Beto O’Rourke, the former Democratic presidential candidate, was ejected from a press conference addressing the shooting at a school in Uvalde after interrupting Texas governor Greg Abbott and accusing the Republican leader of not doing enough to stop gun violence.
In a sign of the fraught atmosphere around gun control in the US, O’Rourke approached the stage where Abbott was in the process of inviting lieutenant governor Dan Patrick to speak about Tuesday’s shooting and began directly addressing the assembled politicians and leading enforcement officers.
“You are doing nothing”, said O’Rourke — who is the current Democratic candidate running for Texas governor — of Abbott’s approach to addressing this kind of gun crime. “This is totally predictable.”
“This is on you until you choose to do something different. This will continue to happen,” O’Rourke said after being removed from the front of the room. “Somebody needs to stand up for the children of this state or they will continue to be killed just like they were killed in Uvalde yesterday.”
Some attendees yelled “go home”, while others said “let him speak” and questioned “what about the First Amendment?”
Before the interruption, Abbott said “all Texans must come together and support the families who have been affected by this tragedy”. He added that he had been told by law enforcement officers following Tuesday’s shooting that the community had a problem with mental illness, but that the shooter had no known history of mental health problems.
Following O’Rourke’s ejection, Patrick said there would be “plenty of time” later to analyse and discuss the issues. “This is not a partisan issue. This is not a political issue. This is an unimaginable moment that will impact the lives of those who lost their children,” he said.
The press conference came as the leading Democrat in the US Senate began the process to hold votes on two bills to tighten America’s gun laws following the mass shooting at a Texas school on Tuesday, but warned they were unlikely to pass in the face of Republican opposition.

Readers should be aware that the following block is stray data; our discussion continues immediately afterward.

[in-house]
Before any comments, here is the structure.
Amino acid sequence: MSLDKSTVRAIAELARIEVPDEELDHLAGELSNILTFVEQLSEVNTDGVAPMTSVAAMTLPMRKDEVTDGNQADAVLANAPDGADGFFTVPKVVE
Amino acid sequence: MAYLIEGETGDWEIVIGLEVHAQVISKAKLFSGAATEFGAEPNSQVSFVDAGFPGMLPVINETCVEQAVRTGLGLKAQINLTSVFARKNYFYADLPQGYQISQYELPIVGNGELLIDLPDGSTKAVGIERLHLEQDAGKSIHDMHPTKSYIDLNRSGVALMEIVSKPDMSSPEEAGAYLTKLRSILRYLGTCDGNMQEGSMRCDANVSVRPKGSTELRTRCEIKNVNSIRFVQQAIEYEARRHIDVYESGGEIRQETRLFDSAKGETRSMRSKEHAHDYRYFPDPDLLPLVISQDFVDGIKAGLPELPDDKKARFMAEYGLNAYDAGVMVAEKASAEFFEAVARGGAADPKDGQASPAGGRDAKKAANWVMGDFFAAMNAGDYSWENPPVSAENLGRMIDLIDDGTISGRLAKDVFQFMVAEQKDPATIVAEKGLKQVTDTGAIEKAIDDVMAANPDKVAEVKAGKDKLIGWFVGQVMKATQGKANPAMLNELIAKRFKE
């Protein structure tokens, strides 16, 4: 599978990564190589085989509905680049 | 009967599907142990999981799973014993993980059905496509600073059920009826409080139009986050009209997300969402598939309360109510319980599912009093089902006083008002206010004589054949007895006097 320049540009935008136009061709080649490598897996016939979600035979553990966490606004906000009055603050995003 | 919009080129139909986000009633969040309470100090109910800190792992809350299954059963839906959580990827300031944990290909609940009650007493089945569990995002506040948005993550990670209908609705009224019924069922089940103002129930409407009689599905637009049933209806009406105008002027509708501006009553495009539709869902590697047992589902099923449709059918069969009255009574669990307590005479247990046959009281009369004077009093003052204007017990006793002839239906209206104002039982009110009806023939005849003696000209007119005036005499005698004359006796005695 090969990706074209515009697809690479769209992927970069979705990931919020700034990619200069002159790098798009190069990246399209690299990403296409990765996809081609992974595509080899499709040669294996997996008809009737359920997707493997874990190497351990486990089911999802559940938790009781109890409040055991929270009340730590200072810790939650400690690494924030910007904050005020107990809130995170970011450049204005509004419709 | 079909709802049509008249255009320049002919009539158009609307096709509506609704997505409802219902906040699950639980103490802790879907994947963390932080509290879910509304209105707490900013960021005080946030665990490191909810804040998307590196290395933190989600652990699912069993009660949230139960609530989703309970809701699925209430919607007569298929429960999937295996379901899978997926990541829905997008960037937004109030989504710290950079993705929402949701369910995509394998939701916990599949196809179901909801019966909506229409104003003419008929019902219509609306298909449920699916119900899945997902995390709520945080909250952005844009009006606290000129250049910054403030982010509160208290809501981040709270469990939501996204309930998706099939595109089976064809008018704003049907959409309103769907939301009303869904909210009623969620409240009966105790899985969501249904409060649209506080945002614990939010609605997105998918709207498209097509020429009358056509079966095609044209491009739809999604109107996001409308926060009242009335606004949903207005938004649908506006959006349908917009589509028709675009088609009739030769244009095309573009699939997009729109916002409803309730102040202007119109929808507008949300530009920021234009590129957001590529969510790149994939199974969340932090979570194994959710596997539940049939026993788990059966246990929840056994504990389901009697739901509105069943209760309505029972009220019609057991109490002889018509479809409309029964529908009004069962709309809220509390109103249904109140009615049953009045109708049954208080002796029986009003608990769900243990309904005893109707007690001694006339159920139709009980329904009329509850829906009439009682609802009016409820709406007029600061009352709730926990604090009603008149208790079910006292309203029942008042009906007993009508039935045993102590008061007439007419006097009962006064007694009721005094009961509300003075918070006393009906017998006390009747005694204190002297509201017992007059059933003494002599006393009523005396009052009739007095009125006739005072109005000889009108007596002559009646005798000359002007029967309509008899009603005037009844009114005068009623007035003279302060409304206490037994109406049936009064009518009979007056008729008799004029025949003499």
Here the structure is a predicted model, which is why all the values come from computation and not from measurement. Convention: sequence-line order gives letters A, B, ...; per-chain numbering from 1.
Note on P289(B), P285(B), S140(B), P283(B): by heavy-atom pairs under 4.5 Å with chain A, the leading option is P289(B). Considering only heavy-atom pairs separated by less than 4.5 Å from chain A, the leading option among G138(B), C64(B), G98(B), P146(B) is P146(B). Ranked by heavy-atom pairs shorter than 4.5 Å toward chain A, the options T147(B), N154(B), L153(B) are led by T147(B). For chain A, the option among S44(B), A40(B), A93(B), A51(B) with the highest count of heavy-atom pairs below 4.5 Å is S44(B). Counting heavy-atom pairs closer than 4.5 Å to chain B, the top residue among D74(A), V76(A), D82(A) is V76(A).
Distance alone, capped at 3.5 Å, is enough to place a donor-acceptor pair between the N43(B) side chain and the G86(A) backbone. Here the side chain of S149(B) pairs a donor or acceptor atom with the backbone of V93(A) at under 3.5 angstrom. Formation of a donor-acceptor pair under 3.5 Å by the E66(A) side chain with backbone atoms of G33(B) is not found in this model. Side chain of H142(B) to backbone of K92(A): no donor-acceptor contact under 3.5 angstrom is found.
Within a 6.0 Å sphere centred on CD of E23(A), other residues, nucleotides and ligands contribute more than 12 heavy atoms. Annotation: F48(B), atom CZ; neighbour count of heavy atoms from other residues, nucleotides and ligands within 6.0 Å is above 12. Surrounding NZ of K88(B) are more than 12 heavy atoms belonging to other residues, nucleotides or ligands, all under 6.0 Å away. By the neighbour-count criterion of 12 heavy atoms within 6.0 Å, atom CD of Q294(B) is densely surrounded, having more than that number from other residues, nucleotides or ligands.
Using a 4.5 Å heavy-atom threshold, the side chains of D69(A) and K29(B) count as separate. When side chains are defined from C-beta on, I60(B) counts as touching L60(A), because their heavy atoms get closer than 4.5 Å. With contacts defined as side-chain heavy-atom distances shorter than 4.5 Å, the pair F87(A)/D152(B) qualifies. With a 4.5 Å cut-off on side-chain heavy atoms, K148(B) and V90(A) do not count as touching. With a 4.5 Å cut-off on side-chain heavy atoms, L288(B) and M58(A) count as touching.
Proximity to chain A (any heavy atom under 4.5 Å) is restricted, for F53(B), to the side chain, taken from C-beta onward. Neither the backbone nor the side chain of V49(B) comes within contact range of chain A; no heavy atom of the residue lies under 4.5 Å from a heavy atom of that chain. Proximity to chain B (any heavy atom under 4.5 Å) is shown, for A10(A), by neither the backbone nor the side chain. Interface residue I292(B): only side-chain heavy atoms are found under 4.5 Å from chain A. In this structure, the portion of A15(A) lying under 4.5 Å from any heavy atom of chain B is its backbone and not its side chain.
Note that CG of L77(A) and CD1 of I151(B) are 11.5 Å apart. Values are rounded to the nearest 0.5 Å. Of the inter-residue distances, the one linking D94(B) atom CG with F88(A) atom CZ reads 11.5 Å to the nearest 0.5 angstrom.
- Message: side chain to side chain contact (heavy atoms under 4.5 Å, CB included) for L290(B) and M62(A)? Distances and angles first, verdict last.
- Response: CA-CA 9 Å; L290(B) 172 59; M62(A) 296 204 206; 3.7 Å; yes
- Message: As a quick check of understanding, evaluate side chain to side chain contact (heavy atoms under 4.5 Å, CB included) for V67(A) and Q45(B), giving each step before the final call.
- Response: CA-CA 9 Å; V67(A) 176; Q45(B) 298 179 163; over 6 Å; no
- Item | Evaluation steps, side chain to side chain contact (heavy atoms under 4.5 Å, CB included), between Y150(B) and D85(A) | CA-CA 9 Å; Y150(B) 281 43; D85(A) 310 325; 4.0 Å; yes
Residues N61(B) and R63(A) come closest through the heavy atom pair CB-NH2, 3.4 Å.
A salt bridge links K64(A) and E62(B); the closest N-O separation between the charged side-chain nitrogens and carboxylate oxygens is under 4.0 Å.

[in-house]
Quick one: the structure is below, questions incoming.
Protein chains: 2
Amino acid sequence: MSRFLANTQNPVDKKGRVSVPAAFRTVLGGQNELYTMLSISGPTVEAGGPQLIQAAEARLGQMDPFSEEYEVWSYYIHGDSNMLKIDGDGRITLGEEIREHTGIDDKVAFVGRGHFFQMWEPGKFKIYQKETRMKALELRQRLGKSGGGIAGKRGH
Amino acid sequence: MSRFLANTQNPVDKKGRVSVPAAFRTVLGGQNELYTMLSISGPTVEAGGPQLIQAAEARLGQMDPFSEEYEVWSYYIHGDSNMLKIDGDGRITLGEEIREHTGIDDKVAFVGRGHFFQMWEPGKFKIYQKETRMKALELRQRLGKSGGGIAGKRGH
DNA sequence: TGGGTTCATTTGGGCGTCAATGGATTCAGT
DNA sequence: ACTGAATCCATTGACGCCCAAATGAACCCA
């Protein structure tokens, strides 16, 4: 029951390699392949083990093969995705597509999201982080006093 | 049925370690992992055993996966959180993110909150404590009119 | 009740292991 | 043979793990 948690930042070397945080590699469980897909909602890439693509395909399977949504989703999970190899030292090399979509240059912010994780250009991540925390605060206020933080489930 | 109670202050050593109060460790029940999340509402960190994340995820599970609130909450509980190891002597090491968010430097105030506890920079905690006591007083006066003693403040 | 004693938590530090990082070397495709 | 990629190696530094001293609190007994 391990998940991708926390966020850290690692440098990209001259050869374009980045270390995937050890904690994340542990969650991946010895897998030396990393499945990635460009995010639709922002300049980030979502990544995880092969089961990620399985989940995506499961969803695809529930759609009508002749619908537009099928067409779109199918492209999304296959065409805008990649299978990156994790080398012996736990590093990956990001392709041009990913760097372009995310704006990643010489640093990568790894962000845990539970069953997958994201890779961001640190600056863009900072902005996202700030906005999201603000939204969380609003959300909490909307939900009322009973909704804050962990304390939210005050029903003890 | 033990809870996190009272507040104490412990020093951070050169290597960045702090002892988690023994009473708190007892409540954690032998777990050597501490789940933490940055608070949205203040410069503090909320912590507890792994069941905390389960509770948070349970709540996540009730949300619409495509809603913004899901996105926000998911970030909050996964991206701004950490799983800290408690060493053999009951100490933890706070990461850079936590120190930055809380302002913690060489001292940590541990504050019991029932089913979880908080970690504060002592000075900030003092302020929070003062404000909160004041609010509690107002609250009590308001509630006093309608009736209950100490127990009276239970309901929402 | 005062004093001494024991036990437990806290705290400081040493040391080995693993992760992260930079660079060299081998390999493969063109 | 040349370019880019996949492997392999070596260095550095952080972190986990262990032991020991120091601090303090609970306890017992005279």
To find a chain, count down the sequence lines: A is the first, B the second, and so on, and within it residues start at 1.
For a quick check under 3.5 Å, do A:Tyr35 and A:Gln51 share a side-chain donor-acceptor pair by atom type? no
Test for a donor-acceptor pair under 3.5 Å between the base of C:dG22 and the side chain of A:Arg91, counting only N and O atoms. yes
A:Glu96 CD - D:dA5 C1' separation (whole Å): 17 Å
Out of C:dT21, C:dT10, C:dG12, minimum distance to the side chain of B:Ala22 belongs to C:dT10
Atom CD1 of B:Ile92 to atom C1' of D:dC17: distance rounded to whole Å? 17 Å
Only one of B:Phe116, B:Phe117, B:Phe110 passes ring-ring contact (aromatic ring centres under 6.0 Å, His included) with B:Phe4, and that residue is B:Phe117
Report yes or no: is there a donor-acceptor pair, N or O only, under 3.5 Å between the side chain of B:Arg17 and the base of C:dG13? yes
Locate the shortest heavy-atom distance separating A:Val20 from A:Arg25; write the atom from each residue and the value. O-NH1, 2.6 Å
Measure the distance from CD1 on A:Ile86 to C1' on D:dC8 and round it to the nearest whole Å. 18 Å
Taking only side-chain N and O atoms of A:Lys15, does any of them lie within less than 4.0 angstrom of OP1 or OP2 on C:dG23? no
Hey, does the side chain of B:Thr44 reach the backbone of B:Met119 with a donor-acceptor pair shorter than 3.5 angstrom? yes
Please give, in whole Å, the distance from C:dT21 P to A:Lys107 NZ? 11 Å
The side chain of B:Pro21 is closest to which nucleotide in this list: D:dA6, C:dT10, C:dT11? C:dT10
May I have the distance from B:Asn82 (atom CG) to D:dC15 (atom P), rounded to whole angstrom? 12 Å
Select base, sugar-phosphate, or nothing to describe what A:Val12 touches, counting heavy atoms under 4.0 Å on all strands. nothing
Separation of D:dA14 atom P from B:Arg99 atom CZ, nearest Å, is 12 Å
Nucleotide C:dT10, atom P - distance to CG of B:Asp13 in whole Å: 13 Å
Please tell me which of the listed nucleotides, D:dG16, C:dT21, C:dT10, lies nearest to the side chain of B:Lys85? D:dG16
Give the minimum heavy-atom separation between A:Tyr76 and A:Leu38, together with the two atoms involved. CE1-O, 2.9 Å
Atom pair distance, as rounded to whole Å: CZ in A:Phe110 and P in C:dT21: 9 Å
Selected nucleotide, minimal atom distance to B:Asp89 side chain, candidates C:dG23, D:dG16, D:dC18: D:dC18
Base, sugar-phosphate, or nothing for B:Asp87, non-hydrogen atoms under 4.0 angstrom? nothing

Chuck Schumer, the Senate majority leader, has begun the so-called “Rule 14” process, paving the way to bring the bills to a vote as soon as this week. The measures, which have already passed the House of Representatives, would force those looking to buy guns at gun shows or on the internet to undergo background checks, and would give the FBI more time to investigate potential purchasers.
Schumer warned on Wednesday however that he was reluctant to push ahead with such a vote unless it had a chance of success, in a sign of how powerless Congress is to act on such a divisive issue.
In a speech on the floor of the Senate, Schumer said: “My Republican colleagues can work with us now. I know this is a slim prospect — very slim, all too slim. We’ve been burnt so many times before. But this is so important.”
He added: “There are some who want this body to quickly vote on sensible gun safety legislation . . . I believe that accountability votes are important, But sadly, this isn’t a case of the American people not knowing where their senators stand. They know.”
Nineteen children and two adults died in the shooting, which police said was carried out by an 18-year old gunman. Another 18-year-old male has been charged with killing 10 people in a shooting at a grocery store in Buffalo, New York, less than two weeks ago.
US President Joe Biden spoke on Tuesday night to condemn the attacks and implore Republicans to back tighter gun control. “Why are we willing to live with this carnage? Why do we keep letting this happen? Where in God’s name is our backbone to have the courage to deal with this?” Biden said.
Previous attempts to enforce tighter background controls have stalled in the Senate after failing to secure enough support to bypass a filibuster, which requires 60 votes in a chamber split 50-50 along party lines.
Dick Durbin, the Democratic chair of the Senate judiciary committee, said he would schedule a hearing on gun violence, but not until after this weekend’s Memorial day break.
Senate Republicans have already suggested they are unlikely to change their votes this time. Ted Cruz, the senator from Texas, on Tuesday accused Democrats of trying to politicise the issue and called instead for armed law enforcement officers to be deployed in schools.
Speaking on the Senate floor on Wednesday, Mitch McConnell, the most senior Republican in the chamber, did not mention the possibility of tighter gun laws. Instead he quoted the Bible, saying: “The Lord is near to the broken-hearted.”